The Mystery of Rosenwald

For the life of me, I couldn't figure out how I never heard of a man, who might arguably have done more good for black Americans than anyone in history.
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Like most twelve-year-old kids, the name of my junior high school was nothing more than a bunch of letters cemented to the red brick façade at the front entrance. Only once during my three years in junior high school years did anyone ever question the name Rosenwald. A parent decided to petition the school board to change the name to some famous person I've long since forgotten. That idea was quickly rejected.

I entered the halls of Rosenwald Junior High School in Panama City, Florida, for the first time as a 7th grader, late summer 1970. Our family was new to the area, and the South, having just arrived three weeks prior. My dad was assigned to nearby Tyndall Air Force Base.

The years prior to our arrival, my new school had actually been an all black high school of the segregated South. The year 1970 would mark the beginning of a new chapter in the life of Rosenwald. My classmates and me participated in one of the greatest social experiments in American history, "forced busing" in the name of school desegregation.

Court mandated school desegregation had been a long time coming following the 1954 Brown vs. Board of education decision that struck down all that separate but equal nonsense. Now we were the guinea pigs in what was supposed to be the final push to eradicate segregated schools all around the country, especially in Dixie.

Fast forward thirty-one years after I left junior high school, I decided to write a memoir of my childhood entitled 7-10 Split: My Journey As America's Whitest Black. As part of the research, I decided to investigate the name Rosenwald, it sounded so regal.

I Googled Rosenwald and hit pay dirt immediately. Julius Rosenwald was born in 1862 and raised in Springfield, Illinois, just a few blocks from President Abraham Lincoln's home, while Lincoln served as president.

Rosenwald would go on to become part-owner, president and eventually Chairman of the Board for Sears, Roebuck & Company. But that still didn't explain how Rosenwald's name found itself on the front of my junior high school, so I read further.

Rosenwald was a Jewish American, who believed in philanthropy in keeping with his faith. After befriending Booker T. Washington, Rosenwald endowed Tuskegee Institute in 1912, so that Washington could focus on running the university. But this still didn't explain how the Rosenwald name found itself attached to my school. I read on.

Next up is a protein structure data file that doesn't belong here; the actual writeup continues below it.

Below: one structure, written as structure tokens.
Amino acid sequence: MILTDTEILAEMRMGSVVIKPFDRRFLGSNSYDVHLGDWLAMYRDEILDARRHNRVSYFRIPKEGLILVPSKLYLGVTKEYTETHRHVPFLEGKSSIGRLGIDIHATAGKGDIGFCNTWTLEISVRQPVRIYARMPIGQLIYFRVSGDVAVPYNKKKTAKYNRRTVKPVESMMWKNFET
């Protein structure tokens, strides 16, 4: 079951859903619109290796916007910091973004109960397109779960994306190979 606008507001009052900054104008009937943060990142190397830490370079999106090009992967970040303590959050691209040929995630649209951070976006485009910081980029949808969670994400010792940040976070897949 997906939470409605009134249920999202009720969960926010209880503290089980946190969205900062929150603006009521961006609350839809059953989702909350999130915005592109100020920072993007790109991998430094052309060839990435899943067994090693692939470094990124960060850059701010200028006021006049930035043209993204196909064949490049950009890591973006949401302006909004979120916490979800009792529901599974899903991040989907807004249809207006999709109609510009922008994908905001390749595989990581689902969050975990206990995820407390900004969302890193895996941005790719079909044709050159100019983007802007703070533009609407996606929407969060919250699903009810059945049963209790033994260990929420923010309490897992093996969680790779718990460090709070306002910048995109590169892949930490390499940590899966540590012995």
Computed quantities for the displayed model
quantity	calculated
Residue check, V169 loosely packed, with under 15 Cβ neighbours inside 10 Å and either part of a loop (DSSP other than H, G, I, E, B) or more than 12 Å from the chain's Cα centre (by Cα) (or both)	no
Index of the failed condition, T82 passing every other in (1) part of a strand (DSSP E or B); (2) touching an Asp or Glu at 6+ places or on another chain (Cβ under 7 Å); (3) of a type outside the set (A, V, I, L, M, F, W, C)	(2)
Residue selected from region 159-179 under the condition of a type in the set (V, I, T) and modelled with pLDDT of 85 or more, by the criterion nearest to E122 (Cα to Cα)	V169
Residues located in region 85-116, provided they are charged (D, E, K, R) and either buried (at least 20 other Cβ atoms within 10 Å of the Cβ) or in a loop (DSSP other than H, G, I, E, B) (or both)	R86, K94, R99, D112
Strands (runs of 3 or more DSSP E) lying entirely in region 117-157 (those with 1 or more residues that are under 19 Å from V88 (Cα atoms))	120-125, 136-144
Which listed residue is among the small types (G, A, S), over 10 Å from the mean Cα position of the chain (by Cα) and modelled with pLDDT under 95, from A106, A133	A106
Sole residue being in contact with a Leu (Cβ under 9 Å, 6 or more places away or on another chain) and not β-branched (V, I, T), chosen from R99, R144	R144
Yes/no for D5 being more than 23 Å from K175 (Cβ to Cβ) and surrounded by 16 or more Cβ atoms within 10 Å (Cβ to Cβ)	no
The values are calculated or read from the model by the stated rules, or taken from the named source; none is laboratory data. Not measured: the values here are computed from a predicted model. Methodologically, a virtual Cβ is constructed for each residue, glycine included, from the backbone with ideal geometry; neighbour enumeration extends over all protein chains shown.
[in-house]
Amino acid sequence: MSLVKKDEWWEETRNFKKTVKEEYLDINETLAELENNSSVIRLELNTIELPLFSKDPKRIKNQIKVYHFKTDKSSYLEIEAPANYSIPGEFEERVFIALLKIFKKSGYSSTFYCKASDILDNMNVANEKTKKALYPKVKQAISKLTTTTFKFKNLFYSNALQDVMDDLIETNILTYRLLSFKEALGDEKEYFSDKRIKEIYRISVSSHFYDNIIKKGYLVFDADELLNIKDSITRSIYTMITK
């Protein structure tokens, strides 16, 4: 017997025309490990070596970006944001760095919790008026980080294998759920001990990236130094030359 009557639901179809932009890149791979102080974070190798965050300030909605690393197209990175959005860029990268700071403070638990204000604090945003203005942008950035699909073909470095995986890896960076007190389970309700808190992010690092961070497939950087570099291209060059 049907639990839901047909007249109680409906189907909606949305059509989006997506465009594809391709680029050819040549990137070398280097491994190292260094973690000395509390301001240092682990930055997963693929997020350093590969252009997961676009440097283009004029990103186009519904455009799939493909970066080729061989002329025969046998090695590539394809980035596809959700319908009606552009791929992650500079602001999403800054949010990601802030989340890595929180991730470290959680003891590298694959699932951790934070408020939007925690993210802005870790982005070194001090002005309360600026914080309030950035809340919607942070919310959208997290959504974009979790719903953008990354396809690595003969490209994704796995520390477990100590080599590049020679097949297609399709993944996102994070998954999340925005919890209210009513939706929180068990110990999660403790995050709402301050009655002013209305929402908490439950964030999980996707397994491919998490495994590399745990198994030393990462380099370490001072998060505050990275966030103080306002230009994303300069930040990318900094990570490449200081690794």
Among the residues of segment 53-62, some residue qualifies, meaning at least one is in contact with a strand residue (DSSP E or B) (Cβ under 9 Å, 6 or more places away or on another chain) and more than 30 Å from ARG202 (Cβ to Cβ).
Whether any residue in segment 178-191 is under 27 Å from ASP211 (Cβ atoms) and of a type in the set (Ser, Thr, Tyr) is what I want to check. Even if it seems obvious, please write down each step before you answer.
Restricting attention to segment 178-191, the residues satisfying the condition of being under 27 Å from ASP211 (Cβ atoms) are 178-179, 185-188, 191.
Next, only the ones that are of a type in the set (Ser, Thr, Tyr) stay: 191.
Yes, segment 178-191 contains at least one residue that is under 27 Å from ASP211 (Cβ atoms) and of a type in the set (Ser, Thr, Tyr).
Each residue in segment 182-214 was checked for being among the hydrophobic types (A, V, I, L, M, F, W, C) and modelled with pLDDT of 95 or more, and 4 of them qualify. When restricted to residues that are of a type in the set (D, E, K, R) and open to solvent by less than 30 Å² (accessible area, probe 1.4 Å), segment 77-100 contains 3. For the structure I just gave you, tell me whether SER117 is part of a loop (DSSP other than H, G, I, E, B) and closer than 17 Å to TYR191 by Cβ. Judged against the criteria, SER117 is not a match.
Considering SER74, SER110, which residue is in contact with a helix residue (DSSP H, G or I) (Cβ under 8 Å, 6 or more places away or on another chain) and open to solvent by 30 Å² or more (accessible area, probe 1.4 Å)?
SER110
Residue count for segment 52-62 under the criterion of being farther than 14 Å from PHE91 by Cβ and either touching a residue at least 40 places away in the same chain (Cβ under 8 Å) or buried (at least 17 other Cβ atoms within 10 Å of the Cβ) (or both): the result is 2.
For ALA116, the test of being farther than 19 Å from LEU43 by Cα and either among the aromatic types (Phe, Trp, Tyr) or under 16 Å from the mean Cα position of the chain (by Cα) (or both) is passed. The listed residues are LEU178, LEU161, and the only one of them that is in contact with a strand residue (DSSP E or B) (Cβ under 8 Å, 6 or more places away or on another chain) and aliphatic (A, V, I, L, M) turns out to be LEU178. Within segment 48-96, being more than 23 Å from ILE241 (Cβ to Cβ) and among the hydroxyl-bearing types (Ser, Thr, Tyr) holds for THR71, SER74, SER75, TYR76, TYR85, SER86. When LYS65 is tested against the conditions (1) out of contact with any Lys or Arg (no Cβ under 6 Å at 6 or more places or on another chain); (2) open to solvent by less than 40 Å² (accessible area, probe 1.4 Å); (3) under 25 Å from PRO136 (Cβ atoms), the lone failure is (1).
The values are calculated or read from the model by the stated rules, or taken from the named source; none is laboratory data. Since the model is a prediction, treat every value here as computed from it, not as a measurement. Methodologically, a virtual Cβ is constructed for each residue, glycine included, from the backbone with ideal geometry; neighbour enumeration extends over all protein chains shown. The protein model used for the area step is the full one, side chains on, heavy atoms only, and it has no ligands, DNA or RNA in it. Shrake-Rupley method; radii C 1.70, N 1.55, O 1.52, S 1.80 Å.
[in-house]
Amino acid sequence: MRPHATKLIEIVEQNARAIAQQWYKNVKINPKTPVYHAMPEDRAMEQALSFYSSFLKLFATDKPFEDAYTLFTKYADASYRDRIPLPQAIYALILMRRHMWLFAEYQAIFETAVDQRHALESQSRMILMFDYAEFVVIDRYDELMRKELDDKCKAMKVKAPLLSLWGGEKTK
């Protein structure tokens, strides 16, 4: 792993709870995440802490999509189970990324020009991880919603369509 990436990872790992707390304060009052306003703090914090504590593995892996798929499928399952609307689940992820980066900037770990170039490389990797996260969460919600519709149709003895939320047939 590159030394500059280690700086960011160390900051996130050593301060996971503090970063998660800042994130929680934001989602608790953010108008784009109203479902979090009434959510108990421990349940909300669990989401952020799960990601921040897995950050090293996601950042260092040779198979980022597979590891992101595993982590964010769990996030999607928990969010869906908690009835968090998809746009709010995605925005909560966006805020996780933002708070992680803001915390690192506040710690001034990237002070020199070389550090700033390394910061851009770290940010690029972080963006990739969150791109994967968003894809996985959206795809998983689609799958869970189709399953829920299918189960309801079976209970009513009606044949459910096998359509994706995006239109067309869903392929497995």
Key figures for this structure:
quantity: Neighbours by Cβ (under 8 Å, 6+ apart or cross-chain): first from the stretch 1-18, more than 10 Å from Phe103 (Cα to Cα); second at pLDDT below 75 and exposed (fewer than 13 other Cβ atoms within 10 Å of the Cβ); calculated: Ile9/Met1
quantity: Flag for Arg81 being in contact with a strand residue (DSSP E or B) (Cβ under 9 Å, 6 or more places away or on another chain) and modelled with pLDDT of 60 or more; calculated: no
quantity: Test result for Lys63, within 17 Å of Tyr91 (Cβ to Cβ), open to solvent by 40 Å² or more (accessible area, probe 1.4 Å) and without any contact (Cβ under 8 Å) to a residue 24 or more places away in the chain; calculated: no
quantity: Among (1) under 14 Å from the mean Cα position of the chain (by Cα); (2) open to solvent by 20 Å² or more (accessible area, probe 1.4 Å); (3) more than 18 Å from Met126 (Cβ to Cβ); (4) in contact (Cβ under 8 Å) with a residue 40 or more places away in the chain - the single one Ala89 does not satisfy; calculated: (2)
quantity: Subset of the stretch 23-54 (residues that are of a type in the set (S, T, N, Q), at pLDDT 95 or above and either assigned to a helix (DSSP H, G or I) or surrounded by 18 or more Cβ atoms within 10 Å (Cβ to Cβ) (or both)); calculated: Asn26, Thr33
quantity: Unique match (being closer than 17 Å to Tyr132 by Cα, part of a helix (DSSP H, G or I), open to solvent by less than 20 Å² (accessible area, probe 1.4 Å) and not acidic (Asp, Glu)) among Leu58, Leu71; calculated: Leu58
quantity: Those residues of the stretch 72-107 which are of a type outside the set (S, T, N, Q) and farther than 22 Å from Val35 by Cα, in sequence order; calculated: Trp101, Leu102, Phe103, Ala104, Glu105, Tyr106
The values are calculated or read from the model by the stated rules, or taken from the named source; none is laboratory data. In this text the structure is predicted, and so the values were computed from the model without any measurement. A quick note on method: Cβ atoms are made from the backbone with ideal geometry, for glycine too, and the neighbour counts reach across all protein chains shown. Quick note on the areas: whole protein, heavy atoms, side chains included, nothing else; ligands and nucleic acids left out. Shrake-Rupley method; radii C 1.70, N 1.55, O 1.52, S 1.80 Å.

In 1917, Rosenwald established the Rosenwald Fund. One of the fund's primary missions was to build black schools in the South. Those schools became known collectively as Rosenwald Schools. In total, the Rosenwald Fund provided financing for over 5,000 schools, shops and teacher's homes. My particular school opened its doors in 1937, five years after Rosenwald's death.


The Rosenwald Fund donated over $70 million to public schools, colleges and universities, museums, Jewish charities and black institutions. That was a hefty sum in the early part of the 20th Century.

Among the more famous Rosenwald alum are; poet-author Maya Angelou, Pulitzer Prize winning columnist for the Washington Post, Eugene Robinson, who many of you might recognize as a contributor on MSNBC, Civil Rights icon, Rep. John Lewis of Georgia and relatives of many a great leader in Civil Rights, such as the late Julian Bond, former chairman of the NAACP.

The Rosenwald Fund also awarded fellowships to poet Langston Hughes, photographer Gordon Parks, and writers such as James Baldwin, Nora Neale Hurston and Ralph Ellison.

I was fascinated with Rosenwald's story, and thought seriously about contacting the family as early as 2004 to see if someone thought to make a movie about Rosenwald. Much to my surprise and pleasure, while attending the National Association of Black Journalist convention earlier this year in Minneapolis, I stumbled across students handing out cards promoting the film Rosenwald, by director Aviva Kempner.

For the life of me, I couldn't figure out how I never heard of a man, who might arguably have done more good for black Americans than anyone in history. Well, as my research discovered, Rosenwald did little to draw attention to self, preferring to work quietly behind the scenes, even at Sears, Roebuck & Company, a behemoth of American enterprise that he helped found, fund and run.

Well Mr. Rosenwald, you can hide no more. A legion of black students and future leaders owes you a debt of gratitude we can never repay.

Here's a quick peak at Rosenwald. And to learn more about where the film can be screened go to

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